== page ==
It was a treat to find Peter Lanyon’s sculpture (construction of oil paint on wood and sheet metal) placed just in front of Porthleven. I’ve never seen any of his sculpture before and the similarity to his painting is striking. Both thrust upward, as if he is punching up through land and sea with a giant’s fist, letting land and wave, mine and boat fragment like shrapnel.
Porthleven itself is dominated by its church, standing strong against winter storms, and yet in this painting it looks precarious, carelessly painted with a couple of brushstrokes, as if telling us to look elsewhere for the soul of this place. Sea and land are tossed about by a hidden energy. The painting feels part cross-section of the land, delving deep underground, and part view from above. The emotion Lanyon has for this land is palpable through his paintings. As if he is trying to grasp all the elements at one time, the force of the sea and wind, the danger of the mines, the history of those that live here.
Just as I was moving away from the painting a school group were being given a talk by a member of the Tate staff who told them how Lanyon had spent months with his sketchbook before completing the actual painting in just two hours. This explains the sheer energy of the piece, I’m not sure it would be possible to convey that through something laboured and meticulous.
Above: detail of Porthleven. Paint is applied quite thinly, canvas is bare in parts
My notes from standing in front this: “The more I look the more I see/feel:cool mists, shadows over land, harbours, sea mists, rolling land, boats, slicing of land, iron ore. Looks like paint has been rubbed in/off board and then painted. Quite thin paint again”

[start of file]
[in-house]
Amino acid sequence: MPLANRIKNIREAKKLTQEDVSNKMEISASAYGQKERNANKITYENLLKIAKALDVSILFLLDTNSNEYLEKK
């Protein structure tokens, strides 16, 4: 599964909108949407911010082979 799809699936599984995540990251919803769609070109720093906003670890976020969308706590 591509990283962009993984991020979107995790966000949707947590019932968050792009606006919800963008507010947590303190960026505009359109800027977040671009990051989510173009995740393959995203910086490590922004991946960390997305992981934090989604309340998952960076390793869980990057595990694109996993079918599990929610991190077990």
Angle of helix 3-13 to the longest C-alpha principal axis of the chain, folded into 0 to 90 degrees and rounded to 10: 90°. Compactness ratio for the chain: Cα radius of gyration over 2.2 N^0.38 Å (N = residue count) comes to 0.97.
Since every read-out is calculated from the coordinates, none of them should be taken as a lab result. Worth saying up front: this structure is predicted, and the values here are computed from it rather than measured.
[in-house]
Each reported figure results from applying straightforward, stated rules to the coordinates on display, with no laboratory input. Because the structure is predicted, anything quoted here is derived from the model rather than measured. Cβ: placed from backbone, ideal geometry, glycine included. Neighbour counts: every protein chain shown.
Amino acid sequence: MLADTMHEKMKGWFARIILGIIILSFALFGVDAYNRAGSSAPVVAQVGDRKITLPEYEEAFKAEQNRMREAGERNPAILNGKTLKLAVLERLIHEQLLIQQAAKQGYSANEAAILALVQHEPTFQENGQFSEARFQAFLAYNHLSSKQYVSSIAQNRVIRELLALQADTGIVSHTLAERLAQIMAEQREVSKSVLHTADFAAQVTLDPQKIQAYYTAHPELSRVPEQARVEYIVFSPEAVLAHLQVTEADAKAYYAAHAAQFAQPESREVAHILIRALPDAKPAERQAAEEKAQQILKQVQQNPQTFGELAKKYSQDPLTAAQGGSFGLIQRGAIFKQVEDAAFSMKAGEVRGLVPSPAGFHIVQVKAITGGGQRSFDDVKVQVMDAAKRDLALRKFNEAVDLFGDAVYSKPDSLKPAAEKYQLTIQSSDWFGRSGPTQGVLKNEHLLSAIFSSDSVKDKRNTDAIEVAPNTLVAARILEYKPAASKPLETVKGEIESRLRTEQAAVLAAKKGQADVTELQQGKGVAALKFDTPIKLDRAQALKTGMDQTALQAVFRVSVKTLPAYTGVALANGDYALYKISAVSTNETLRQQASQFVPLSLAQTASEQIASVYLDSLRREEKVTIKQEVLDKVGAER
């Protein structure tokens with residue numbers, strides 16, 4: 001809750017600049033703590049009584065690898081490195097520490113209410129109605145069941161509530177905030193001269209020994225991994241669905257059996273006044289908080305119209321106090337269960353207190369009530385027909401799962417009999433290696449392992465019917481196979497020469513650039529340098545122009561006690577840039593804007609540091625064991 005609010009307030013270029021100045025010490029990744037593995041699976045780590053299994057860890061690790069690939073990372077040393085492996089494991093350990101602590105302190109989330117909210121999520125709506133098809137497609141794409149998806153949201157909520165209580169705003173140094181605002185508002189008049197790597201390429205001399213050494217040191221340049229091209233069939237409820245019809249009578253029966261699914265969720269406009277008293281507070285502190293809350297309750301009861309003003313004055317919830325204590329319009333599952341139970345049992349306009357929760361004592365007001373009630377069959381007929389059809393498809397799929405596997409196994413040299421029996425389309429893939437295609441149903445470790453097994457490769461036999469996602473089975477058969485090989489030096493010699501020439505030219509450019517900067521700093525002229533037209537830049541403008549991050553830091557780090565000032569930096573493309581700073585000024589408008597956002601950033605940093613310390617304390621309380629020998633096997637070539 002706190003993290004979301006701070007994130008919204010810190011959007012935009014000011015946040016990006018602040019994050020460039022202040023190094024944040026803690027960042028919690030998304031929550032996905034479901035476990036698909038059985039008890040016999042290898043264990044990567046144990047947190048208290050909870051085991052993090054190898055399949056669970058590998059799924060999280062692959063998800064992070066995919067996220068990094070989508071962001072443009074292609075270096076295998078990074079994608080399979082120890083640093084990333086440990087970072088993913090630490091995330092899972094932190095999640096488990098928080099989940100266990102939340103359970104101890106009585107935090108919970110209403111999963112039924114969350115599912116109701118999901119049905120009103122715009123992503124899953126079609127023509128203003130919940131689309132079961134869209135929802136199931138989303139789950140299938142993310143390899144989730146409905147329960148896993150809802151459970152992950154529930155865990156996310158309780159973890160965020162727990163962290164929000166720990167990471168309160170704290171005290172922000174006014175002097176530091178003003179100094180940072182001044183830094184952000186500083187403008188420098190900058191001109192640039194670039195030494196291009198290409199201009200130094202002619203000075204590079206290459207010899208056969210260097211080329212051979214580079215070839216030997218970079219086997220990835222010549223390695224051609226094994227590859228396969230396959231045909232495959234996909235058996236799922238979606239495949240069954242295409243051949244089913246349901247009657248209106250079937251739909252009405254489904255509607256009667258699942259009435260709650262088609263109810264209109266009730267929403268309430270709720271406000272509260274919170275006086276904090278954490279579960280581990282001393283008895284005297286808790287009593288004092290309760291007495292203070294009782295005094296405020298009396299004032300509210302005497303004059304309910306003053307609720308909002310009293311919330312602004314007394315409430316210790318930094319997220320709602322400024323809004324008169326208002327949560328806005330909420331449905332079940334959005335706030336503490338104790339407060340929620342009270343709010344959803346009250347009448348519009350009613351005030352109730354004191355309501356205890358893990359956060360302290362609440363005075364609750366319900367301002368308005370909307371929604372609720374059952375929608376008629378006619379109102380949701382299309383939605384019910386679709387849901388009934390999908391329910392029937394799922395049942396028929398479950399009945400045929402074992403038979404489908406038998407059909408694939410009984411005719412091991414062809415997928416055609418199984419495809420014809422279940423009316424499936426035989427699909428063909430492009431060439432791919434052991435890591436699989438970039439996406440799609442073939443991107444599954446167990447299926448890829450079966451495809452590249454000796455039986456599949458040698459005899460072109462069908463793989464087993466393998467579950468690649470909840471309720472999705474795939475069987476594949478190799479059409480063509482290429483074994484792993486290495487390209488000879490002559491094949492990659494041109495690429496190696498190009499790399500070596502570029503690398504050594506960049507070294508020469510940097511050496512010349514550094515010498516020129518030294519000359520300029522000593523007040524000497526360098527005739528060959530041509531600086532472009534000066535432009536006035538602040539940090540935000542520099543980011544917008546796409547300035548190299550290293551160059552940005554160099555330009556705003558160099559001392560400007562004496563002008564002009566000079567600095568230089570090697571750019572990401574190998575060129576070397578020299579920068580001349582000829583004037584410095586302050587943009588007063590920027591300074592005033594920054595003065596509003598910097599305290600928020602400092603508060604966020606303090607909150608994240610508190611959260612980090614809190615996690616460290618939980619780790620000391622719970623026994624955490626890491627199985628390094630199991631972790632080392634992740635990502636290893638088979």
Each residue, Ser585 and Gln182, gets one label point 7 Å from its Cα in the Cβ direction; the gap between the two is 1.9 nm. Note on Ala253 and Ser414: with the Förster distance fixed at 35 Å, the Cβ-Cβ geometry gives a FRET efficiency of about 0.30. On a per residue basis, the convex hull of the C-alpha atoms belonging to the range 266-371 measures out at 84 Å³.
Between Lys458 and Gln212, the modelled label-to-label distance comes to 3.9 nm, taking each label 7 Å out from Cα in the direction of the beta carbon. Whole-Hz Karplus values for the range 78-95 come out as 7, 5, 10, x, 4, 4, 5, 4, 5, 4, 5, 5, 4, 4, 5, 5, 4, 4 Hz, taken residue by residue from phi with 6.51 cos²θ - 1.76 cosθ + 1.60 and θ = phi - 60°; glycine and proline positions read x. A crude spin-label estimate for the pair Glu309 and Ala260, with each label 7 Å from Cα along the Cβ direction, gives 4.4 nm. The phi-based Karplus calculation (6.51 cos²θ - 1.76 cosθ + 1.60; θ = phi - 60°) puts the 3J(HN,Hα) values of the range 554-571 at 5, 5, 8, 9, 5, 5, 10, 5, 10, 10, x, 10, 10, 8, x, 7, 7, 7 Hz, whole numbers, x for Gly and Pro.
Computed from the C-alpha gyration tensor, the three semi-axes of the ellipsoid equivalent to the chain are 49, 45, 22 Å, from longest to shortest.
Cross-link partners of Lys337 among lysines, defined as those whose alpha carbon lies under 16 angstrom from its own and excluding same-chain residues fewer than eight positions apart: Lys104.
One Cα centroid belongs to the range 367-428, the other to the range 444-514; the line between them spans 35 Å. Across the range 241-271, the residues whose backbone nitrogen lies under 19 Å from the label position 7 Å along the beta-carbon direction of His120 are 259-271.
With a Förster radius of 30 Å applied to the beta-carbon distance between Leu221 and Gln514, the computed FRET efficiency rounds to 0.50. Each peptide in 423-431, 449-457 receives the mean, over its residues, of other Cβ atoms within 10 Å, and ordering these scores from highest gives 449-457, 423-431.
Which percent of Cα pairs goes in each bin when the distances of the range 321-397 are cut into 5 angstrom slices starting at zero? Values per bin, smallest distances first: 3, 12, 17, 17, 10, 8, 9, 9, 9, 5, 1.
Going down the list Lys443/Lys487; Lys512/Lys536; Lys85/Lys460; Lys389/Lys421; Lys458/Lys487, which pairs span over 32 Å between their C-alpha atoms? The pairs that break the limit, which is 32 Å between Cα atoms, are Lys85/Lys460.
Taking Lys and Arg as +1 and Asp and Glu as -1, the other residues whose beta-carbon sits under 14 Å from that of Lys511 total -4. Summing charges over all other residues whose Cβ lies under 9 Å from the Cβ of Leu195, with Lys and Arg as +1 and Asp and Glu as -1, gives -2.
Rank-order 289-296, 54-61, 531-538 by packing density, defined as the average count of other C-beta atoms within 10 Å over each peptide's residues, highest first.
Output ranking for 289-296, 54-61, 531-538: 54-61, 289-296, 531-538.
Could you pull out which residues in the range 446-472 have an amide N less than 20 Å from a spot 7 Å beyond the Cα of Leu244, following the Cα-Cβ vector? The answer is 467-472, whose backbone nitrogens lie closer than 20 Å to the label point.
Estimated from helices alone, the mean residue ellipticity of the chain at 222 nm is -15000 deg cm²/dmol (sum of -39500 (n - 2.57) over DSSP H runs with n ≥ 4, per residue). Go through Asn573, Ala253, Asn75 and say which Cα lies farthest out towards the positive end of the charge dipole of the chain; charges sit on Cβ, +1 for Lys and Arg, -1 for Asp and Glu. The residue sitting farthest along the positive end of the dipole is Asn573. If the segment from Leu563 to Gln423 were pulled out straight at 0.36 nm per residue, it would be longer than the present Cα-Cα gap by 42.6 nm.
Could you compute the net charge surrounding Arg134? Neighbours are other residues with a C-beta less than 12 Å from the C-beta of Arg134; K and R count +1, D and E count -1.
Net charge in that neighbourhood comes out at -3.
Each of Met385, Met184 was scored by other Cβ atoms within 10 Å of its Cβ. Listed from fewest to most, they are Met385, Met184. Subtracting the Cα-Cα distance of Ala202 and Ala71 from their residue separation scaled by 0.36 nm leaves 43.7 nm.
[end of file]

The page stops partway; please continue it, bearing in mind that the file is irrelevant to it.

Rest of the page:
above: detail from West Penwith
This painting felt much more worked than Porthleven and the size and elongated proportion I found a bit frustrating – as if it was containing something bigger. However it also gave a sense of travelling along the landscape, reading it, as if from left to right.
This painting surprised me – I know next to nothing of Dubuffet – and this doesn’t represent the little I thought I knew of him. It reminded me of Basquiat – the scratching doodles, the townscape silhouette reminiscent of a crown. As with Lanyon, this feels forceful, full of a contained energy pushing up through the land, Dubuffet’s scratchings revealing hidden layers.
Though I knew Sandra Blow had a studio in St Ives, I’ve never given her work much time before now. This visit I found myself very drawn in to the few works I saw – Orange Field (screen print on sale at the Porthminster Gallery), Space and Matter (above) and Vivace (1988) and I wonder if that is as a result of beginning to use paint myself. Cornwall is all about its rock – a myriad of colours and textures – and in this painting I can sense Blow investigating the texture of that rock.